A photographer is suing Gannett Media for as much as $34 million in damages after hundreds of its news publications allegedly used her image without permission.
Photographer Stephanie Campbell filed a copyright infringement lawsuit against major media company Gannett and more than 220 Gannett news outlets on Friday, reports Rochester Beacon.
In the lawsuit, Campbell alleges that hundreds of Gannett’s news titles published her photo of former NFL coach Katie Sowers without seeking the photographer’s permission.
Sowers’s position as San Francisco 49ers offensive assistant was widely publicized when she became the first female and openly gay coach in a Super Bowl.
According to court documents, Campbell “was afforded unparalleled access to photograph Sowers at the moment she learned about her groundbreaking hire [and was] able to capture high quality, close-up photographs of Sowers’ reaction to the news and subsequent action shots of Sowers coaching.”
Campbell registered the photographs of Sowers with the U.S. Patent and Trademarks office.
However, Campbell claims Gannett obtained the image of Sowers through a screenshot rather than seeking the photographer’s permission to reproduce the picture.
Gannett then allegedly distributed the screenshot in over 220 of its news publications, including The Detroit Free Press and The Cincinnati Enquirer.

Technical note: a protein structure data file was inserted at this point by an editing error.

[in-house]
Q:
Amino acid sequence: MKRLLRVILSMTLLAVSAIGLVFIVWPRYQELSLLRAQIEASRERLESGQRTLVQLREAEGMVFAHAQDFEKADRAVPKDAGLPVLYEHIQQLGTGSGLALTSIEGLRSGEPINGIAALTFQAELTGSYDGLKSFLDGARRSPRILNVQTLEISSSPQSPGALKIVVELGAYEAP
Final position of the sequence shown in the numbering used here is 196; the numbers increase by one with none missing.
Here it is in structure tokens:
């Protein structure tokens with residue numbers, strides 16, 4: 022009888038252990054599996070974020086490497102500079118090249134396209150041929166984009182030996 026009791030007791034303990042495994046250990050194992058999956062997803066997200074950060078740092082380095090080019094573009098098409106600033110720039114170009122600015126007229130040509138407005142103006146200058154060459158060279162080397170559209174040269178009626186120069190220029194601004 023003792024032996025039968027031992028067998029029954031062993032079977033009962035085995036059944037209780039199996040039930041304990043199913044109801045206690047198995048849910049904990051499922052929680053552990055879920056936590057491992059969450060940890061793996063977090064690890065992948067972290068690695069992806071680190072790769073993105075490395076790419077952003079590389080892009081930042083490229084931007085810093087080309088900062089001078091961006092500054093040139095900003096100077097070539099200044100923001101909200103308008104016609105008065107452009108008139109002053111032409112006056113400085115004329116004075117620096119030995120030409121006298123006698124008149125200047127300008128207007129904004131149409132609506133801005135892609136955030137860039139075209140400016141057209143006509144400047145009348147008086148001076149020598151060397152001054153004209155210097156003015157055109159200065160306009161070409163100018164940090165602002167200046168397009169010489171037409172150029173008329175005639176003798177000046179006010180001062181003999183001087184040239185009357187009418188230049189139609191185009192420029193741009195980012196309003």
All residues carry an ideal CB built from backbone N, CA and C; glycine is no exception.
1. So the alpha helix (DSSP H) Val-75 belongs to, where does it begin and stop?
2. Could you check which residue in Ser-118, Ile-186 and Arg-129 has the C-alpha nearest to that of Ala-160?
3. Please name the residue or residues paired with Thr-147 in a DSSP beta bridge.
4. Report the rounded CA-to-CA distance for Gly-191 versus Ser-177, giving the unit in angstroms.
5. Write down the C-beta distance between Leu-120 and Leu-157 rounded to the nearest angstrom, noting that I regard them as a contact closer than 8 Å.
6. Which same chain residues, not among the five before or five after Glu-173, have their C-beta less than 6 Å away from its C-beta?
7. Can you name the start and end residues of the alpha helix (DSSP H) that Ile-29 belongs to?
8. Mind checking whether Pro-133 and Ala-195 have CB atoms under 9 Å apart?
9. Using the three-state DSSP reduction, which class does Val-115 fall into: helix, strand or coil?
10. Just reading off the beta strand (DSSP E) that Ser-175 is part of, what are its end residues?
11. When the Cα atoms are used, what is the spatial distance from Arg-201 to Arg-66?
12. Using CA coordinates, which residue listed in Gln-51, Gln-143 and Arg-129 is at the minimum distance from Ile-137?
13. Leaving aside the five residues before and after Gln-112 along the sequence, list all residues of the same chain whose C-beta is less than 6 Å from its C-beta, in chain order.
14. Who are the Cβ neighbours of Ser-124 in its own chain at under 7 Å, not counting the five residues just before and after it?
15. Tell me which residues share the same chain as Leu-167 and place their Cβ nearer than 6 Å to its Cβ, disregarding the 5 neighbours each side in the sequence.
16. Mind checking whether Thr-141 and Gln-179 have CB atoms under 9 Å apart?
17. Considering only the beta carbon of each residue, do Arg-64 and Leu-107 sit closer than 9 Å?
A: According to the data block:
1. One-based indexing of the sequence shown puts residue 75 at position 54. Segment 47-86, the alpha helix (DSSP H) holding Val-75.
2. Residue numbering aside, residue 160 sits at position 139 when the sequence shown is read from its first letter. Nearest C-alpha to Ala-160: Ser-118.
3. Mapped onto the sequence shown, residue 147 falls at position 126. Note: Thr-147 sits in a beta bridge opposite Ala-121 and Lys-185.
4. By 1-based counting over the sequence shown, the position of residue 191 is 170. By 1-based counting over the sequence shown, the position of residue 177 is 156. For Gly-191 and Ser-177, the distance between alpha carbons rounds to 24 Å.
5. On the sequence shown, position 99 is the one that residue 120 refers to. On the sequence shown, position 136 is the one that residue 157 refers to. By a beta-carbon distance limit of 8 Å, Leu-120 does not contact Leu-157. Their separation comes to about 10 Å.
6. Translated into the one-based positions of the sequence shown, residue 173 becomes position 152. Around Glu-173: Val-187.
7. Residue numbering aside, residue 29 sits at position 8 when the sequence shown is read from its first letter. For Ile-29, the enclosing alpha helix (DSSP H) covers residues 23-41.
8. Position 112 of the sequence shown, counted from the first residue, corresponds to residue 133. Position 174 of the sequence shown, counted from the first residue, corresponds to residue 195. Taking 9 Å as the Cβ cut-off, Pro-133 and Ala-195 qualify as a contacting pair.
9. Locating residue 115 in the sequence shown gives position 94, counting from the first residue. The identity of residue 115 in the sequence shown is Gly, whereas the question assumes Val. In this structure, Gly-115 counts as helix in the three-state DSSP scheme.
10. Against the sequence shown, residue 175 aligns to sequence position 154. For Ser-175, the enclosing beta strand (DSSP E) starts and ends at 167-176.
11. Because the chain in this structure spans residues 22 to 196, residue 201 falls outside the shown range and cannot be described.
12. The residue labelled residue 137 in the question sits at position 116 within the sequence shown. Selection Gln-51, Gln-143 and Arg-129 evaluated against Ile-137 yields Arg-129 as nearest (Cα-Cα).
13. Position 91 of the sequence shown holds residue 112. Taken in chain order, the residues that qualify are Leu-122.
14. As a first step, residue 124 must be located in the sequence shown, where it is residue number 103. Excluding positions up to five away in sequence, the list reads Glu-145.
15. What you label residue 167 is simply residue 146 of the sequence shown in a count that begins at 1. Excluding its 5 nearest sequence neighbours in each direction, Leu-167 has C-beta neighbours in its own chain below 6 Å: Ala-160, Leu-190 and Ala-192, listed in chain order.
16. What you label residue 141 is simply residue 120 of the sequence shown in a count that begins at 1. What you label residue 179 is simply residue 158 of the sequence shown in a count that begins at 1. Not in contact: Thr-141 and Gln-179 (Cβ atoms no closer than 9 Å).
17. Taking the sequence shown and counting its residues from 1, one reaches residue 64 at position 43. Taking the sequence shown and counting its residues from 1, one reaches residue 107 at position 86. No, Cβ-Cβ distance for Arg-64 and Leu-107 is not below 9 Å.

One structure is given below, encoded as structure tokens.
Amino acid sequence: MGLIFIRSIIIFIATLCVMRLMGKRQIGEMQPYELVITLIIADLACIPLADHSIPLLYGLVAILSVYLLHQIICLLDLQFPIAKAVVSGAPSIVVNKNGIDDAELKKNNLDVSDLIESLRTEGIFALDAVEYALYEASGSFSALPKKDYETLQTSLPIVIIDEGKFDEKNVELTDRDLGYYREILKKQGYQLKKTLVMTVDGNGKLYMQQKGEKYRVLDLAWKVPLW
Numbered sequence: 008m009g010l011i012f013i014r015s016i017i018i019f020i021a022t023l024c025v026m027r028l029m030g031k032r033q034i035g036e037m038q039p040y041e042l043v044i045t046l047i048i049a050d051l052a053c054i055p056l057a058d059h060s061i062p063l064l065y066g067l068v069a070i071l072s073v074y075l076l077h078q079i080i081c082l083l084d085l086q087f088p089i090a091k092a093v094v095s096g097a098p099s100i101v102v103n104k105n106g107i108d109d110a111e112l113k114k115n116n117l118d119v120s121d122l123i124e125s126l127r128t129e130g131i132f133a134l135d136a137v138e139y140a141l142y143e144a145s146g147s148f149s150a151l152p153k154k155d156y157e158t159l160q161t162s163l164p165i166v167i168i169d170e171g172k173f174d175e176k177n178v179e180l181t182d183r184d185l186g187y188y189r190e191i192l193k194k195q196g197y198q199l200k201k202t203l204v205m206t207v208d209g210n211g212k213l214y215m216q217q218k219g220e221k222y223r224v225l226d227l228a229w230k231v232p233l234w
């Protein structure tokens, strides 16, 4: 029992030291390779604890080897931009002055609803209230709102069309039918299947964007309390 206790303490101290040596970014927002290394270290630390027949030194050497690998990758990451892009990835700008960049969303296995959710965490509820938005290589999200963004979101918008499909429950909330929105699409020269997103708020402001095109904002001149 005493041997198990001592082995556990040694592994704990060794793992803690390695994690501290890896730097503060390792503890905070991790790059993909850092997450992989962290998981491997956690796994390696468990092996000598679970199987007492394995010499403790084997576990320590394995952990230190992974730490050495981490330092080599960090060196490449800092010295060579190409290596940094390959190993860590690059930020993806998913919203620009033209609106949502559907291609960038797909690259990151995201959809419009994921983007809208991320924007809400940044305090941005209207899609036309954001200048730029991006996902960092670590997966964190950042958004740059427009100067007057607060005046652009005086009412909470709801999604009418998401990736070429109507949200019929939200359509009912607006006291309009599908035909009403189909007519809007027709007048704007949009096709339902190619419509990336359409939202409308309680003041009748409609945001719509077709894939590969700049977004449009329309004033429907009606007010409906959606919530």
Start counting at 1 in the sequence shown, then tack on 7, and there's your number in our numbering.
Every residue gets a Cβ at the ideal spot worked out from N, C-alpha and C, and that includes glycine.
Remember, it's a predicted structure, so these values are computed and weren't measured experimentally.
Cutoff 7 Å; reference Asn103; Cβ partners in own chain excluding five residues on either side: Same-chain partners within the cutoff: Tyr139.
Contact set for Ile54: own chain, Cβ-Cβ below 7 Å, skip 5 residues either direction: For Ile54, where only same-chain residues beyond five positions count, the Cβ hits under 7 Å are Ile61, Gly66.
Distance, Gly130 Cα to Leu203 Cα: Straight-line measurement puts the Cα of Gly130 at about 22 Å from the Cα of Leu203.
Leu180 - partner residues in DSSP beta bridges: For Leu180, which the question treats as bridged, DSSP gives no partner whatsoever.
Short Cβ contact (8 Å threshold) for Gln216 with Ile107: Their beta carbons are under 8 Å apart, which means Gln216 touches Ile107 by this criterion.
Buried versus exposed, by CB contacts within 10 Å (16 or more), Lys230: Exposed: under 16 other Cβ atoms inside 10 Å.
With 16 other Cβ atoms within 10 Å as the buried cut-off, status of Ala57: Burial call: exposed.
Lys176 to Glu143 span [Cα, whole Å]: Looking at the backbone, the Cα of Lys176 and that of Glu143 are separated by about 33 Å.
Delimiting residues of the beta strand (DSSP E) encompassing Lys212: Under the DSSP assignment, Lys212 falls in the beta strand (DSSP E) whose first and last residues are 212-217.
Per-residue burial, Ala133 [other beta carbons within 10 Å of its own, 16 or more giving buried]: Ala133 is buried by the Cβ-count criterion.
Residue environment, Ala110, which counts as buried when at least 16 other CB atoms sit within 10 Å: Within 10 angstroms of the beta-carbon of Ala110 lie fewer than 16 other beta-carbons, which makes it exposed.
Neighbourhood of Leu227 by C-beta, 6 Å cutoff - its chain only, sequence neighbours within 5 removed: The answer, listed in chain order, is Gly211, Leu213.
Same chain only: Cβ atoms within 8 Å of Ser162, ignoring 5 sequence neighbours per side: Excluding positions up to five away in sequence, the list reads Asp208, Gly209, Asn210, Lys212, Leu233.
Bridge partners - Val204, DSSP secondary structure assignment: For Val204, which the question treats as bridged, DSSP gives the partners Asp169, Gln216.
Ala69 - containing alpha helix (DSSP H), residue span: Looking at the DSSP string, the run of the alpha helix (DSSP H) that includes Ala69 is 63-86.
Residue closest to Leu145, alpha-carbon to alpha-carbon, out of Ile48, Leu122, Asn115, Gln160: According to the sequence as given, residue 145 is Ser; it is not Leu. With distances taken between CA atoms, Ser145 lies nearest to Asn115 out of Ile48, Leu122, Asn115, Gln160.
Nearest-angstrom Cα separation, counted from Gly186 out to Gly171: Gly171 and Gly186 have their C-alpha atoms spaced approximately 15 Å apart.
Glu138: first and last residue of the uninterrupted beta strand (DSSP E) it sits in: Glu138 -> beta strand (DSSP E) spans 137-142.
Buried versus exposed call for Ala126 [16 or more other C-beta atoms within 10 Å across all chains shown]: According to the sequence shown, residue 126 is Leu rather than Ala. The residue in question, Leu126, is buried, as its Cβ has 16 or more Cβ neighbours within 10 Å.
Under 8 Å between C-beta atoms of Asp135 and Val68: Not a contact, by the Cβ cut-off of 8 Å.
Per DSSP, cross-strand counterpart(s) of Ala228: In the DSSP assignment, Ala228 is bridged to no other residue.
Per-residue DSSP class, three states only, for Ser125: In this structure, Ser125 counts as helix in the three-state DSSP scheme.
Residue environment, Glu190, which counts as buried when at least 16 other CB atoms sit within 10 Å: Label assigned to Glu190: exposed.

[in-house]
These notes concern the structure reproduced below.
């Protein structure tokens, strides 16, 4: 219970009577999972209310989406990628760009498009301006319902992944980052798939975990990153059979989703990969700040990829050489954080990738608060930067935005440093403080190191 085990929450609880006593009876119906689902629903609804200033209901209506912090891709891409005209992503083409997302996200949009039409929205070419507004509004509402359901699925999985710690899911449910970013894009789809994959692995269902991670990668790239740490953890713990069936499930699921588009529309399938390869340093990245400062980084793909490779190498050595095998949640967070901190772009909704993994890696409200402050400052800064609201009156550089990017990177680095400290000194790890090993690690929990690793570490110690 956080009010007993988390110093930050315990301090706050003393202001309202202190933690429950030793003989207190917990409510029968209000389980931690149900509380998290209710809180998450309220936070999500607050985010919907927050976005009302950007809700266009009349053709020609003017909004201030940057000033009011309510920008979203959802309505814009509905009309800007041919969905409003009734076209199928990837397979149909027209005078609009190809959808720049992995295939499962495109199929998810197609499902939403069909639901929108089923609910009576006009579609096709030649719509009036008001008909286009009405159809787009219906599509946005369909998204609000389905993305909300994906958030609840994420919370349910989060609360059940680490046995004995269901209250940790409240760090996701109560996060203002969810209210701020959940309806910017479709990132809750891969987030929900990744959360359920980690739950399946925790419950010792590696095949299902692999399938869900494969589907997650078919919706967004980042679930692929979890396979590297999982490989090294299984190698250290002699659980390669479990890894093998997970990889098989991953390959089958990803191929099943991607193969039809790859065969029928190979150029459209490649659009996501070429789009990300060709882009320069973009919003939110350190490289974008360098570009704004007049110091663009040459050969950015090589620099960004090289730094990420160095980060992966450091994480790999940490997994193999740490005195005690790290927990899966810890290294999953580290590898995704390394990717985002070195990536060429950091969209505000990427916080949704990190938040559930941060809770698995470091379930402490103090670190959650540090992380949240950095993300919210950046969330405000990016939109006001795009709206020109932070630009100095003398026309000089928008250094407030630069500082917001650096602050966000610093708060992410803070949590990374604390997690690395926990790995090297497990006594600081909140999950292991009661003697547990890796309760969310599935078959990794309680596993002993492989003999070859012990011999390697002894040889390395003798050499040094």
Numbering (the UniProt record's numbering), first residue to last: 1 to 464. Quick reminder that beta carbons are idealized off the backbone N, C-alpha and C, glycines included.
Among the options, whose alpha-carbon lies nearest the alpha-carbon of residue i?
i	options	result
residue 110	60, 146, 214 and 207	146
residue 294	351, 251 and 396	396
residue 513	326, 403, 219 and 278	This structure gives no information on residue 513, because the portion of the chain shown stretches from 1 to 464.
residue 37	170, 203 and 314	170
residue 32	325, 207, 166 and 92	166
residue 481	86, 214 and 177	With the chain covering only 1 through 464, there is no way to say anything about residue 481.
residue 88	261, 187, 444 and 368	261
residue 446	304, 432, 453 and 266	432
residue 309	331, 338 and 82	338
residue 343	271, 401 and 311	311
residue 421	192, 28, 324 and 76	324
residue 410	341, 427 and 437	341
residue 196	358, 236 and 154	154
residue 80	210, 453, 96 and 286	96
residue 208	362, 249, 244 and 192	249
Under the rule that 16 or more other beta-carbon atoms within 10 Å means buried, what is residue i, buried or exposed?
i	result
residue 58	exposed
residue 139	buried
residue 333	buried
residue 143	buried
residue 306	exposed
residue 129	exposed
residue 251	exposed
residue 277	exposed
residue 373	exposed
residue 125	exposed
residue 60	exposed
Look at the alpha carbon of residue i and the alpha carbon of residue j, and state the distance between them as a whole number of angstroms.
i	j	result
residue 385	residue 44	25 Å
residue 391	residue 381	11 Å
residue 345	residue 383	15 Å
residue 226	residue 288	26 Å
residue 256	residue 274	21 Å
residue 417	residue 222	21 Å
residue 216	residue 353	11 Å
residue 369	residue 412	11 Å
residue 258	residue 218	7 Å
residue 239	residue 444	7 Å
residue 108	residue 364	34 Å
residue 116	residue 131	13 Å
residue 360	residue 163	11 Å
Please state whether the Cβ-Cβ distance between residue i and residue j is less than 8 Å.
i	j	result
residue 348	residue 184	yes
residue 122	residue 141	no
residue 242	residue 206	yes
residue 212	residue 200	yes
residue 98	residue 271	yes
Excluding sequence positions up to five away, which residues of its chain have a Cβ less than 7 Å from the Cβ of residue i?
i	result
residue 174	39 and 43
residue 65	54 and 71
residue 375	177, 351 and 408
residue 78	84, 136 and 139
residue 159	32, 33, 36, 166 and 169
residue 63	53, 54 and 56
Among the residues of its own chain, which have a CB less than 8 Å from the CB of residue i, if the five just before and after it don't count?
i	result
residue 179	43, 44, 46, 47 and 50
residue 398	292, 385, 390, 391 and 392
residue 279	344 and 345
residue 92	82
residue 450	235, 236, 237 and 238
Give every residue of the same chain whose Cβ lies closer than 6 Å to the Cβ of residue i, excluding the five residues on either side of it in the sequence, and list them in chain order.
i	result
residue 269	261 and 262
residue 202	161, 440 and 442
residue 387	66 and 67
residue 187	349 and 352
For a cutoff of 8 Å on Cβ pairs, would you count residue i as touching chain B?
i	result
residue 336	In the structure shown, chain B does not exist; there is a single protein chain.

The media company credited Campbell in the image, writing in the caption that it published the photograph “courtesy of Stephanie Campbell.”
In the court documents, the photographer says that the inclusion of her name alongside the unauthorized image constitutes an infringement in itself.
According to the Rochester Beacon, Campbell is seeking damages of up to $150,000 for each alleged infringement, a sum that, if each supposedly infringing publication used the Sowers photo only once, could see the photographer winning $34 million.
The lawsuit also says that Campbell could alternatively agree to settle for profits Gannett made from use of the Sowers photo.
In 2019, Campbell sued The New York Times for copyright infringement over the same image of Sowers. The photographer reportedly agreed to settle the case four months after filing the lawsuit although the terms of the settlement were not stated.
Gannett is the largest U.S. newspaper publisher as measured by total daily circulation. It owns the national newspaper USA Today — although this publication is not named in Campbell’s suit.
Editor: IPR Daily-Ann